No idea about comparative safety, depends on road/track conditions, but otherwise THIS.

And this is why I don't have any interest in doing it. Sounds like about as much fun as a surgical procedure, and my entire reason for preferring cycling to other forms of working out is because cycling is fun. If my primary concern was "efficiency", I'd be doing something other than cycling.

YMMV--if you find HIIT cycling fun or you don't hate it, I'm not going to argue with you. My whole argument in this thread has been that personal preferences are as important as any "science" because the scientifically perfect workout is perfectly useless if you can't make yourself do it.
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Old 09-04-20, 08:55 AM
  #48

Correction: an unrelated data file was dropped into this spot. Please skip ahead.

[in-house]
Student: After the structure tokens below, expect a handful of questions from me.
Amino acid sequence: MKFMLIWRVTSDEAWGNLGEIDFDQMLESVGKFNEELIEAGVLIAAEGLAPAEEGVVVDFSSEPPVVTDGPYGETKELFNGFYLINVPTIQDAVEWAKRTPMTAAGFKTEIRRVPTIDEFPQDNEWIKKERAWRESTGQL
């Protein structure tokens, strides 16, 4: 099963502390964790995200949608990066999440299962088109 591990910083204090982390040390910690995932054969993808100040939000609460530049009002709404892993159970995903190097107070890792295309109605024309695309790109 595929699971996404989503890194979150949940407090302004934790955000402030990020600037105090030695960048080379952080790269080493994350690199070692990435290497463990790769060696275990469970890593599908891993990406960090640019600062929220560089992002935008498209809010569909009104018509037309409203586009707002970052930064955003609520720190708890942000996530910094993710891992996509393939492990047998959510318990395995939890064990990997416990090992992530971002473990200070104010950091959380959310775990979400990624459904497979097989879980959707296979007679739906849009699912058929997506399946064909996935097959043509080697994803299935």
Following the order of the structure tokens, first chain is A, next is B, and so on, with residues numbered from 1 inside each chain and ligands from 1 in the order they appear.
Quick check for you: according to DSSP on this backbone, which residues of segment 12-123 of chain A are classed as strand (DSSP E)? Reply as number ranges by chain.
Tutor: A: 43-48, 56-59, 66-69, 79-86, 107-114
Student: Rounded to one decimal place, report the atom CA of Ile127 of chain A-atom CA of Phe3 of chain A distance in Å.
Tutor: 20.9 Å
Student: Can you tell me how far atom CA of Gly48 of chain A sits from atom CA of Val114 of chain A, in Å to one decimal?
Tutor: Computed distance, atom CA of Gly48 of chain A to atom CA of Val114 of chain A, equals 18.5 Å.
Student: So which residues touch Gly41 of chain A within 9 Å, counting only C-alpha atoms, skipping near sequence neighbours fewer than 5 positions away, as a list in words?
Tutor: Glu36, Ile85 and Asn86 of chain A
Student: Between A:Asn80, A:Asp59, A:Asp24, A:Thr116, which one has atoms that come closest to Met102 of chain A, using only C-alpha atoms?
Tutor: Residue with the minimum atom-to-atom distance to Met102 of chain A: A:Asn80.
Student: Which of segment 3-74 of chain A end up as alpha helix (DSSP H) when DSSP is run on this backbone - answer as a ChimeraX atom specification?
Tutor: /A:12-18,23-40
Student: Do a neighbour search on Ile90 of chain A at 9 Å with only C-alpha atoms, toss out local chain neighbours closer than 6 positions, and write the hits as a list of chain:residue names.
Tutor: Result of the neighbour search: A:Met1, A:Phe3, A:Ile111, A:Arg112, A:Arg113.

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Originally Posted by basscadet View Post
Most people who think they're doing HIIT are not doing HIIT. HIIT is not climbing a hill, it is max effort sprinting every 1-2 minutes until your legs are jelly. If you can sustain what you think is HIIT for more than 10-15 minutes, it ain't HIIT. Your HR will be maxed and you will be gassed, not really safe to do on a bike IMHO.
So when I'm climbing a hill with 10-15% grade at a snail's pace with sweat just pouring down like a faucet and HR is around 160-180(cause you can count it in your eardrums), this isn't high intensity? You're right, I'm not collapsing but when I first started biking, I did feel like vomiting when I would reach the top of the hill.
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Old 09-04-20, 09:17 AM
  #49  
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Originally Posted by burritos View Post
But if you want to methylate your DNA, optimize telomere length and improve your longevity proteome
I love it when you talk dirty.
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Old 09-04-20, 09:18 AM
  #50  
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Originally Posted by Troul View Post
Empty the bowels pre & post workout too!
If you come close to getting hit by a car while riding, you might empty the bowels during the workout.